Cycle Pump Adventure Motorcycle Air Compressor | Gear Review

Cycle Pump Motorcycle Air Compressor
Cycle Pump Motorcycle Air Compressor

As the saying goes: “Adventures aren’t always fun when you’re having them, but they often make good telling later in the bar.” Flat tires and punctures out in the middle of nowhere fit into that realm quite nicely. Fortunately, there’s a new product called the Cycle Pump motorcycle air compressor to take some of the “adventure” out of our little misadventures, but may ruin your bar story by doing so.

Cycle Pump consists of a small air compressor driven by a 12-volt DC electric motor, specially made for tough expedition-type usage, encased in a rugged aluminum housing. Internal motor-mounting points are reinforced and the compressor uses a metal piston for durability, instead of a weak diaphragm. Long-life reduction gears between the motor and compressor are self-lubricating.

Cycle Pump Motorcycle Air Compressor
Cycle Pump Motorcycle Air Compressor

The new Adventure model we tested has several improvements. New fold-down legs add stability while the unit is operating, and they lift the unit off the ground to keep dust from entering the pump. The air chuck locks onto the valve stem so you don’t have to hold it, and the air hose is now 2 feet long (previously a foot), making it easier to use. It comes in a sturdy Cordura storage pouch that measures a compact 2 x 6 x 9 inches and weighs only 34 ounces including all accessories. Hook-and-loop straps keep the hose and cord tidy and the on-off switch is now shielded from damage.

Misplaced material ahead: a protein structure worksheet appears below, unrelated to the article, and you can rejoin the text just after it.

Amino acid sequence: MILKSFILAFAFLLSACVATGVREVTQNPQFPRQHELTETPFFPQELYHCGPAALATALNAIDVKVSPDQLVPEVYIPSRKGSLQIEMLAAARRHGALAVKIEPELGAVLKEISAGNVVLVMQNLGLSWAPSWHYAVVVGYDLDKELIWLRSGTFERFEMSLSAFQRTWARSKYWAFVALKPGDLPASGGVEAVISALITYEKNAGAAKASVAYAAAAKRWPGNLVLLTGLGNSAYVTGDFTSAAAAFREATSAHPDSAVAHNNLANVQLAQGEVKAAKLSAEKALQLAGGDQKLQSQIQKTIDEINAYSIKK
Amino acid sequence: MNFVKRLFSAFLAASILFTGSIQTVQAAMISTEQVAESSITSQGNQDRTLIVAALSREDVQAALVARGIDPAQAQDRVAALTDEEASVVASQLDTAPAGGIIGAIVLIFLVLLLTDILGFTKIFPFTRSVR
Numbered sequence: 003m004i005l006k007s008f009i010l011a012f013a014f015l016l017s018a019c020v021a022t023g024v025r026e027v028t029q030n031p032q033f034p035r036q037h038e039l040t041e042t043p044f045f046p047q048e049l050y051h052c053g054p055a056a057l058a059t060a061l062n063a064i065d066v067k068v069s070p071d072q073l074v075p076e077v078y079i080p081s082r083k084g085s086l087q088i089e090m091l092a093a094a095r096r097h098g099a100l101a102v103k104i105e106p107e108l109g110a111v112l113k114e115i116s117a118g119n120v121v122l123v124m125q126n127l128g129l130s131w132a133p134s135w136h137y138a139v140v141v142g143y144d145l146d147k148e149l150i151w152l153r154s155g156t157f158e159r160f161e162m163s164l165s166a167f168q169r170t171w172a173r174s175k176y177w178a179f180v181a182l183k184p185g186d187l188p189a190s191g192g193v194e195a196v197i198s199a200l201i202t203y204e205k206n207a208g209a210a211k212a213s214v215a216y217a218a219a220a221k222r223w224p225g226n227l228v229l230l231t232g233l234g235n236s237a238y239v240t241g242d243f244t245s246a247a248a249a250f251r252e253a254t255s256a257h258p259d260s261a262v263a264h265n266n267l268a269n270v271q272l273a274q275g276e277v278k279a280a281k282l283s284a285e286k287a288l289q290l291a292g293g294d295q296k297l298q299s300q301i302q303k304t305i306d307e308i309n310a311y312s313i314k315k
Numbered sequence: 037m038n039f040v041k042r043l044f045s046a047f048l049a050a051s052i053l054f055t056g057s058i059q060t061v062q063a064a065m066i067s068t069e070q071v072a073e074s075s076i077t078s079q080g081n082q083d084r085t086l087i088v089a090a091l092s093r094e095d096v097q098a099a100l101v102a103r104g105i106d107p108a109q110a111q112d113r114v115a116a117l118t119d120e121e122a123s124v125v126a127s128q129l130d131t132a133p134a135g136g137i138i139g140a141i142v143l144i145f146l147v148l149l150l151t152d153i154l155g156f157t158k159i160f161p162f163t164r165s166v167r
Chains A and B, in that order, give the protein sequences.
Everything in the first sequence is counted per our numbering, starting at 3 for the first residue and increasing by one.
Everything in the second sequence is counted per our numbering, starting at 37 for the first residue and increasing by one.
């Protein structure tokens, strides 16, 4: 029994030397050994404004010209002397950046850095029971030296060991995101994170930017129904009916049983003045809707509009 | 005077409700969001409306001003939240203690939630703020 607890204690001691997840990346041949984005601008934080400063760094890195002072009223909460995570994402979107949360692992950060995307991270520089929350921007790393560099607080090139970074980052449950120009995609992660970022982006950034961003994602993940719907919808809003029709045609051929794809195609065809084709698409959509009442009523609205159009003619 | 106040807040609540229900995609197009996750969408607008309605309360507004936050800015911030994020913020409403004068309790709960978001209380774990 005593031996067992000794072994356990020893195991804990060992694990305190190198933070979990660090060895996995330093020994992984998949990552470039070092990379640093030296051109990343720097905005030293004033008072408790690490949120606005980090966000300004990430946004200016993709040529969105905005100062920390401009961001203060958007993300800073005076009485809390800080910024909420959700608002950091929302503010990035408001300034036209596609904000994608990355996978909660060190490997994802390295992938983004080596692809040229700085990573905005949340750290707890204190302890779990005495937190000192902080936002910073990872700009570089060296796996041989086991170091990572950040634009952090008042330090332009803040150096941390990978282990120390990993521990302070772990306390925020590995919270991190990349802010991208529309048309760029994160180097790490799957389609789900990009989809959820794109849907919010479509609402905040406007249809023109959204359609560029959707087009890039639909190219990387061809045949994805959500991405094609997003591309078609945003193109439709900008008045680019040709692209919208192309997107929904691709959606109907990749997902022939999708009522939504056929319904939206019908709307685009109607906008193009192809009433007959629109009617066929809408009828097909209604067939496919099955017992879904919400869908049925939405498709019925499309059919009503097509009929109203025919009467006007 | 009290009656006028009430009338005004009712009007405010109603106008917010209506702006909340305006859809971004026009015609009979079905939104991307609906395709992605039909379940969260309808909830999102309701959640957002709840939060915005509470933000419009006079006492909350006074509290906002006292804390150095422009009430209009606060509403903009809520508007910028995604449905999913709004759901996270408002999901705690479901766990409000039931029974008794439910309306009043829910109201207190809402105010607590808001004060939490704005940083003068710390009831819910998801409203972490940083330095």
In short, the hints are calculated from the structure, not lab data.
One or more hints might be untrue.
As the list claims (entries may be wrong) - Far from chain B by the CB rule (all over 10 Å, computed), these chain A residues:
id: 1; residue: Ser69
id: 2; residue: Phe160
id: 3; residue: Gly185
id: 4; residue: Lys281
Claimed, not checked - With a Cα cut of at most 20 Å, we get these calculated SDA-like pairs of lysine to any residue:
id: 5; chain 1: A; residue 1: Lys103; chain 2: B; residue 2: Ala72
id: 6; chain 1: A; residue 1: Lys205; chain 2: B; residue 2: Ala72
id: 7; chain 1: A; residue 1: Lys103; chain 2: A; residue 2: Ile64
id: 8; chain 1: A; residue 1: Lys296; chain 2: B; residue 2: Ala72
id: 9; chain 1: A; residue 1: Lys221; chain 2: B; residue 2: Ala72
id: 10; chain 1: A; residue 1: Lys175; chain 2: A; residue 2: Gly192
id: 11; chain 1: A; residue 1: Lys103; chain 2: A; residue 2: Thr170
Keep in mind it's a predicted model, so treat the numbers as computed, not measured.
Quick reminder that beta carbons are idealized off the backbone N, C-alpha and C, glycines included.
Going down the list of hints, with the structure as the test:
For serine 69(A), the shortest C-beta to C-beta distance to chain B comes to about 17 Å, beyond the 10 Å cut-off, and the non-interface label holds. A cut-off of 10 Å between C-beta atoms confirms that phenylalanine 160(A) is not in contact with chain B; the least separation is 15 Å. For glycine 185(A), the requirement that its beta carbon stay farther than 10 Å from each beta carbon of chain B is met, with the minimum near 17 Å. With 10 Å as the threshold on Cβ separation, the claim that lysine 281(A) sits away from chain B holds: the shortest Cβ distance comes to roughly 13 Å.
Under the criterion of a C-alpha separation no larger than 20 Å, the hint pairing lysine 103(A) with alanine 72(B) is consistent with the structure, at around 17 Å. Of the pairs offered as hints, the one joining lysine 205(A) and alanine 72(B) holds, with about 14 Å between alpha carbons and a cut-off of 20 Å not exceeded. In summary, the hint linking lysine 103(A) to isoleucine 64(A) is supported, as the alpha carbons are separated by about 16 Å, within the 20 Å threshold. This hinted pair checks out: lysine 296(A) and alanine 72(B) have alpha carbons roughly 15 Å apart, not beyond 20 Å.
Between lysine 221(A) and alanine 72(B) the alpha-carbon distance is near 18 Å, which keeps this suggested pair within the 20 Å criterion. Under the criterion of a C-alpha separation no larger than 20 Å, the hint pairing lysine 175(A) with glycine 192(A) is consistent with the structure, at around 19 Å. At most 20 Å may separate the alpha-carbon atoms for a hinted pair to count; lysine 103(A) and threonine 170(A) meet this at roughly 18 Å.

CyclePump’s compressor is rated for over 200 psi; although motorcycle tires require far less pressure it’s nice to know it’s overbuilt. The 12-volt DC motor draws 7 amps with no load and 10-12 amps at full load. We found inflation times to be just under 3 minutes to take a 120-width front tire from zero to 35 psi and 6 minutes to inflate a 180-width rear tire from zero to 40 psi. By the time the second tire was inflated the CyclePump’s housing was quite warm, ready for a cool-down but not overheated. Typically you’re not going to completely inflate more than two tires at a time, so that’s fine.

CyclePump is available in three versions—all utilizing the same motor and compressor, locking air chuck, storage pouch and basic power cord. The difference is mainly in the powering options. The standard version ($80) comes with a universal plug that fits BMW and automotive cigarette-lighter plugs, as well as SAE plugs such as those on battery chargers and electric vests. The deluxe version ($90) has these same power cables and adds a set of fused alligator clips to clamp on battery posts. The new Adventure version ($100) has all the preceding features in addition to a longer cord and hose and extendable legs. For an extra $10 you can get the AutoCord, an 8-foot extension cable that connects with the standard or deluxe version, which allows you to reach all four tires on a car. AutoCord is standard equipment on the Adventure model.

CyclePumps are manufactured in the United States and can be repaired or rebuilt for a nominal fee. It’s nice to find a quality product that’s not designed to fail and be discarded after a few uses, like many of the cheapo units sold in discount stores. We found our test unit to be a well-made and functional addition to a travel toolkit. If you pinch a tube or a patch fails you can easily run out of CO2 cartridges, but the Adventure pump will continue working, keeping you from having perhaps a little too much adventure.

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  1. Pump broke after inflating two bicycle tires. I bought this from a “Veteran Owned” place but the owner I talked to back his product, now I have an expensive door stop.


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